As summer arrives, it is important for everyone to stay safe from the sun and heat, and look out for dehydration.
Certain characteristics of aging cause seniors to be more susceptible to dehydration, and medications can make it worse. Medications that cause sweating, or are diuretics, result in water loss. As people age, their senses of thirst and their appetites decrease, and diminished kidney function also comes with age.
When a senior is dehydrated, the effects can be disastrous. For instance, dehydration can cause a urinary tract infection (UTI). Common symptoms of UTIs include cloudy urine, a frequent urge to urinate and night sweats. However, in senior adults, UTIs can cause erratic behaviors, falling, hallucinations and confusion. This is why the symptoms of a UTI can sometimes be confused with the symptoms of certain neurologic disorders such as dementia or a stroke.
Seniors who have dementia are less likely to consume enough water throughout the day. They may forget to drink water or just not be thirsty. Keeping an eye on their fluid intake and reminding them to drink water are ways to help prevent them from becoming dehydrated.
If your senior is experiencing confusion, muscle weakness, dizziness or irritability, they may be dehydrated. Other signs to look out for include fever, disorientation, UTIs, dry skin and poor elasticity in the skin.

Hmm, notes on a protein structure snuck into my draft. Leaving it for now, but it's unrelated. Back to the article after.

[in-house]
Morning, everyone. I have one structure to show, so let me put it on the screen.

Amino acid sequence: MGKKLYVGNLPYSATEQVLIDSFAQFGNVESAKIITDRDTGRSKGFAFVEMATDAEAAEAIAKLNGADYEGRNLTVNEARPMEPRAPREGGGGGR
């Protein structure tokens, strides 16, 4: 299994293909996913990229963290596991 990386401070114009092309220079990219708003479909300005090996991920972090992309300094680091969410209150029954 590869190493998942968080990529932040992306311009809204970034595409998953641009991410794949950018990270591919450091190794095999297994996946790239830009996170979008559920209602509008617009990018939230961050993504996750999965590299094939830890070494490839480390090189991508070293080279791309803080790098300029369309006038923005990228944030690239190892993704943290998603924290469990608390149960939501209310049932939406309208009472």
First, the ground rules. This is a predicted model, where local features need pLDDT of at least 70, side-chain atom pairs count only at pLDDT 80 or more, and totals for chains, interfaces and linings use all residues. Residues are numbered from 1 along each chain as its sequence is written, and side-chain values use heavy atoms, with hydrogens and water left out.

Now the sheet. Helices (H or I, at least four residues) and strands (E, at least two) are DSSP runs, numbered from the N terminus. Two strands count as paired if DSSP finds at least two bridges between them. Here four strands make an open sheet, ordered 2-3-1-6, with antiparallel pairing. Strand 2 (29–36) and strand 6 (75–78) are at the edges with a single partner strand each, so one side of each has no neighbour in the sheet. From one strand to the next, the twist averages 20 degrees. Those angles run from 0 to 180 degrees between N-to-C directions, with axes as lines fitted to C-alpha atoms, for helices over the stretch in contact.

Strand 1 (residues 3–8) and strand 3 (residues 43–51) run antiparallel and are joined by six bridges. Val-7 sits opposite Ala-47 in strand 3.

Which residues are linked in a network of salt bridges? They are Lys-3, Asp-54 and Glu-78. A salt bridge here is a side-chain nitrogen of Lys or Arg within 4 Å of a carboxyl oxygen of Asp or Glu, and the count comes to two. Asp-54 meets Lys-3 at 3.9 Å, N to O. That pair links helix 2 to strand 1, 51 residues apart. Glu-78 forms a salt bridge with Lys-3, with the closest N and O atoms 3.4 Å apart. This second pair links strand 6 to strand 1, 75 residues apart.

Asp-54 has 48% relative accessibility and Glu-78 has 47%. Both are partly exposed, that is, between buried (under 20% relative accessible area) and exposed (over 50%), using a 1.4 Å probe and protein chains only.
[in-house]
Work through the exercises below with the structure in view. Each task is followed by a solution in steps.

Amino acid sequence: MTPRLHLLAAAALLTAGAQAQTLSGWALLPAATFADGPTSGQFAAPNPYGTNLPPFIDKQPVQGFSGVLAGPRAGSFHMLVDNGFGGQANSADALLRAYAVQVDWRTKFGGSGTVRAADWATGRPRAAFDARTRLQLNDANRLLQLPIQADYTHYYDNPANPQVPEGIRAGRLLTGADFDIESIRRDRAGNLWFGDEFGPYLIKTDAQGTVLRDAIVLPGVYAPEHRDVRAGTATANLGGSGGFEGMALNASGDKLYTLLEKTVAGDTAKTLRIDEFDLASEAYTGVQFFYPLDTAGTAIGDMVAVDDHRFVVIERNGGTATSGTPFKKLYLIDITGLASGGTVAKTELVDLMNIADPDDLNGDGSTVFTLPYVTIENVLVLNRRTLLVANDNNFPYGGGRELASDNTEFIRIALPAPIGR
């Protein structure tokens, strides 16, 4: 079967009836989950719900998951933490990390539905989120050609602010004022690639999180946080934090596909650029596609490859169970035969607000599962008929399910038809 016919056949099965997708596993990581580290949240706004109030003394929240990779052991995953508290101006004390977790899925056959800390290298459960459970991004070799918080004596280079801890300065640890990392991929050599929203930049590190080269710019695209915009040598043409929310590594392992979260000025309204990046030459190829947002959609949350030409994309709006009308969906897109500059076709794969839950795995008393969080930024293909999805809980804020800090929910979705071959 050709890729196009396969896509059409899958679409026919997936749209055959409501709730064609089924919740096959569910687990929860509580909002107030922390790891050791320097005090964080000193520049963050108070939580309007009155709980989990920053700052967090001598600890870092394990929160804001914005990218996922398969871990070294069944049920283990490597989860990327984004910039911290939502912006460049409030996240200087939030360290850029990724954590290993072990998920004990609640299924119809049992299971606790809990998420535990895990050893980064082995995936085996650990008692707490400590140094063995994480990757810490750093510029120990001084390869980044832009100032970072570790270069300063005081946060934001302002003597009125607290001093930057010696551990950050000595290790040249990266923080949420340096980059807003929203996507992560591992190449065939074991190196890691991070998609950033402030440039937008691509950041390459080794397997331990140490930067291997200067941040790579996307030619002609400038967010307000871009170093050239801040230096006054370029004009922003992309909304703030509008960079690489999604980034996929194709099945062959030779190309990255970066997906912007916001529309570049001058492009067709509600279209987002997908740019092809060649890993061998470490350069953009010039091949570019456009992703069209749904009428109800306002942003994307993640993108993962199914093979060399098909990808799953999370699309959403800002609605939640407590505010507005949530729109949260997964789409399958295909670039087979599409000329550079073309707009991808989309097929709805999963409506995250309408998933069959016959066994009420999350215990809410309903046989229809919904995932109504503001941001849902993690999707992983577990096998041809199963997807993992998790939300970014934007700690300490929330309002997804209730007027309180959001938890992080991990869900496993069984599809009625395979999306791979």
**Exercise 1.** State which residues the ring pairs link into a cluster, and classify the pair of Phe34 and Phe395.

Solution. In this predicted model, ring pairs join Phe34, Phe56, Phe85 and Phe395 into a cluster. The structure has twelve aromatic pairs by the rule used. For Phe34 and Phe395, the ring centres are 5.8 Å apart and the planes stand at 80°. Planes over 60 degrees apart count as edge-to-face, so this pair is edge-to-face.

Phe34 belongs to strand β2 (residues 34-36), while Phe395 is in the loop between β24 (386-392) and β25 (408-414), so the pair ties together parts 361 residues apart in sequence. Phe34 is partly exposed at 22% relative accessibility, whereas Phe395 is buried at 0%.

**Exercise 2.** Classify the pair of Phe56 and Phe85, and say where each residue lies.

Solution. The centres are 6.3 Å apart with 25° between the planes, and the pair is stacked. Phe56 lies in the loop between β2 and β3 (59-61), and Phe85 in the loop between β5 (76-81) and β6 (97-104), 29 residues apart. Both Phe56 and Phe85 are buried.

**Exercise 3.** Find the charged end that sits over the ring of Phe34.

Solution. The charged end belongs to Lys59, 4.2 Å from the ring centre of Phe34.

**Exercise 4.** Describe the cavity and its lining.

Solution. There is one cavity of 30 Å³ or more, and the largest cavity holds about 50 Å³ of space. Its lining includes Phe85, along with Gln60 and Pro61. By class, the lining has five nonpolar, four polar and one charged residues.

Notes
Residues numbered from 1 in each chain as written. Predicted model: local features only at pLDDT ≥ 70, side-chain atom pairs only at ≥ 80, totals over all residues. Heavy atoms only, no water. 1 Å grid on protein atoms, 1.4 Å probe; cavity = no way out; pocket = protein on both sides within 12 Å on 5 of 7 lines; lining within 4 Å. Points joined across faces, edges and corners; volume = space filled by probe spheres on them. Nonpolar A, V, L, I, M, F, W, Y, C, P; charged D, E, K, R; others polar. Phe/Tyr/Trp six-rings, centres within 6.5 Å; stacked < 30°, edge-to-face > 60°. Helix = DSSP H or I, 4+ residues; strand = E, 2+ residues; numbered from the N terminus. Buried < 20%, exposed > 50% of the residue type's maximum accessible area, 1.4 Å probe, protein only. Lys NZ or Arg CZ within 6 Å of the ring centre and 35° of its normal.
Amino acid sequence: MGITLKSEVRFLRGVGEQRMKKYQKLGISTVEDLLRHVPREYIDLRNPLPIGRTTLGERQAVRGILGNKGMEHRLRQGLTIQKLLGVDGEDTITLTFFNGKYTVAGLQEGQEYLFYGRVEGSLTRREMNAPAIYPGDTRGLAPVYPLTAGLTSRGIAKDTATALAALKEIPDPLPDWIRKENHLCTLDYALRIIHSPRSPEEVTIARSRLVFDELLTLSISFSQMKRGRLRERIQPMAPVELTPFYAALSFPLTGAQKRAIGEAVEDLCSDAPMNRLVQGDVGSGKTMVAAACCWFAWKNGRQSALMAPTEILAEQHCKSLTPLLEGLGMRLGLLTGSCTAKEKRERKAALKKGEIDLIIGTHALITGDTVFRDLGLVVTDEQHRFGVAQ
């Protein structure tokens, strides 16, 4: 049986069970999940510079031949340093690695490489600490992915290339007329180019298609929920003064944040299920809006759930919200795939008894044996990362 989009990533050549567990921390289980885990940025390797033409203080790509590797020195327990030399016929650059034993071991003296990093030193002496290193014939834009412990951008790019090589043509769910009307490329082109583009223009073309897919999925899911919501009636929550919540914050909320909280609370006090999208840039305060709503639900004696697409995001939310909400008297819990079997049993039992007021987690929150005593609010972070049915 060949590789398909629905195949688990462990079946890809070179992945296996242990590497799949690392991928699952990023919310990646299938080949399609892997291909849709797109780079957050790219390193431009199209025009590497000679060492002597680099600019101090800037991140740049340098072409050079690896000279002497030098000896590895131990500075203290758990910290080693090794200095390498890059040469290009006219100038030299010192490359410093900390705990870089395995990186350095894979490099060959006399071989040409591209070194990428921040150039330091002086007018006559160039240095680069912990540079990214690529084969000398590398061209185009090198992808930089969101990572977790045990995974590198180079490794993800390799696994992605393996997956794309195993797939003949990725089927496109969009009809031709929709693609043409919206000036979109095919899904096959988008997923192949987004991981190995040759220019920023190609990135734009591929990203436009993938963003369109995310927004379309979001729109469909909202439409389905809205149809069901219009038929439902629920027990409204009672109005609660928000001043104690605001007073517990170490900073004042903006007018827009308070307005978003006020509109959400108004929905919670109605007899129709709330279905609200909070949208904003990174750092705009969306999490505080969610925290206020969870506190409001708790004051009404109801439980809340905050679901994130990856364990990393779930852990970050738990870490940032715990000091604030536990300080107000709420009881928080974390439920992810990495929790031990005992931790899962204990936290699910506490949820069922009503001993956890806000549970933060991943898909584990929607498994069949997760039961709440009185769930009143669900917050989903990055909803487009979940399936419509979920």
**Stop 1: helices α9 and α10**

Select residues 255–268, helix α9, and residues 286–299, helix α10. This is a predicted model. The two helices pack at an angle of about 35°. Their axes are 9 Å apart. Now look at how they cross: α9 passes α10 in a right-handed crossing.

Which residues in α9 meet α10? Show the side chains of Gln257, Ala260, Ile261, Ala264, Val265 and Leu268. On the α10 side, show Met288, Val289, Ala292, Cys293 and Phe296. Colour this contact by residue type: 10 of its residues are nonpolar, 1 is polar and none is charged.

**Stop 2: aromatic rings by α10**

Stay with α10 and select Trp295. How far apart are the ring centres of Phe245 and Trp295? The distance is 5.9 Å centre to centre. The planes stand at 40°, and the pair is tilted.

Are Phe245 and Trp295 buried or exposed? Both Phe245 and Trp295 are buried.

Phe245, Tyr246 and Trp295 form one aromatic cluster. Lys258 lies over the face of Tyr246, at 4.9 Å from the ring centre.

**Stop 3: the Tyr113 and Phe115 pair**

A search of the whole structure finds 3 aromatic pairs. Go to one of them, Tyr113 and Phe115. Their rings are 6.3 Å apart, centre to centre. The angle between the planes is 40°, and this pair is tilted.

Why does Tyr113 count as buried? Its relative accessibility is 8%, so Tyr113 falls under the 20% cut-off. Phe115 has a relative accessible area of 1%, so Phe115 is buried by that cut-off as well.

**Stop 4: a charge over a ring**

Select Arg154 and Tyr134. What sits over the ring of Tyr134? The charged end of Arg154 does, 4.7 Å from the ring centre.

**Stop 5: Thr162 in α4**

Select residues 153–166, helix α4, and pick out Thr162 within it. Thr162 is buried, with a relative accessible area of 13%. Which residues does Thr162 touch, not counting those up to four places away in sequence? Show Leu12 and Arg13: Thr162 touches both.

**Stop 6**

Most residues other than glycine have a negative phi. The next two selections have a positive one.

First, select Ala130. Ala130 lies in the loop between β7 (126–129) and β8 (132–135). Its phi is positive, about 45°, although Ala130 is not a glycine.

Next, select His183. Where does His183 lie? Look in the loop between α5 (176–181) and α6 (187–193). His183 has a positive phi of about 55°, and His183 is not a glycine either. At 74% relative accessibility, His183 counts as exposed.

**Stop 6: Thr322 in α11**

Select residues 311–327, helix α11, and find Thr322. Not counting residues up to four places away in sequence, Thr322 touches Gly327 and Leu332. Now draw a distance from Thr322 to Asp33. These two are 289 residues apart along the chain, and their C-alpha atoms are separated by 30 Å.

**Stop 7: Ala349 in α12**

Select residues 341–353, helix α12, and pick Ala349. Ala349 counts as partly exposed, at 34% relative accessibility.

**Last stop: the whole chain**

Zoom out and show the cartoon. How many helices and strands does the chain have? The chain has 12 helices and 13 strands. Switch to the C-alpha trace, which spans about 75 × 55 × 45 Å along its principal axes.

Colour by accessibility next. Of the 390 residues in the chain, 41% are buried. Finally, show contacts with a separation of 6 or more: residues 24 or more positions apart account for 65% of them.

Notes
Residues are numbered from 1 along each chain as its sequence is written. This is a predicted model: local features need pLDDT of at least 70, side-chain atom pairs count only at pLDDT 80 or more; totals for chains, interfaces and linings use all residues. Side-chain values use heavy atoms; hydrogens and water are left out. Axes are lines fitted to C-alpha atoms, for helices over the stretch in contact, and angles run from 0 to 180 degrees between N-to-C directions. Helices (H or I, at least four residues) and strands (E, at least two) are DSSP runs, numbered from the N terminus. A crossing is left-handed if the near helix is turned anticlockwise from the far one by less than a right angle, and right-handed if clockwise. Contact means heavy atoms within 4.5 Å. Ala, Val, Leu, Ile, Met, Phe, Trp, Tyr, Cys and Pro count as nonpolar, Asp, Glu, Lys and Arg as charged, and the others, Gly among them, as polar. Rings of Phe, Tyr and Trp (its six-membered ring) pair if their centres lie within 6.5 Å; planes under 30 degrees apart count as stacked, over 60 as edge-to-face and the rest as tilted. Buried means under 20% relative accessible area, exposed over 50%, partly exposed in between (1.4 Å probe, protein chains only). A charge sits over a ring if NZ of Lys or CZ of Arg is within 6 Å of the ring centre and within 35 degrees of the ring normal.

There are many simple ways to help make sure a senior stays hydrated. Limit your senior’s outdoor activities in the heat of the day and instead, help them find indoor activities to stay occupied. When the weather gets severely warm, you could check on your loved ones. Keep hydrating beverages and foods readily accessible for your senior. Some high fluid foods are soups, applesauce, yogurt, grapes and carrots.
If you suspect dehydration in a senior, it is critical that you consult their physician and begin rehydrating them with water and other hydrating drinks as soon as possible.
Marie E. Littrell is the Administrator of Park View Meadows, assisted living by Americare, in Murfreesboro. She can be reached at 615.907.5800 or firstname.lastname@example.org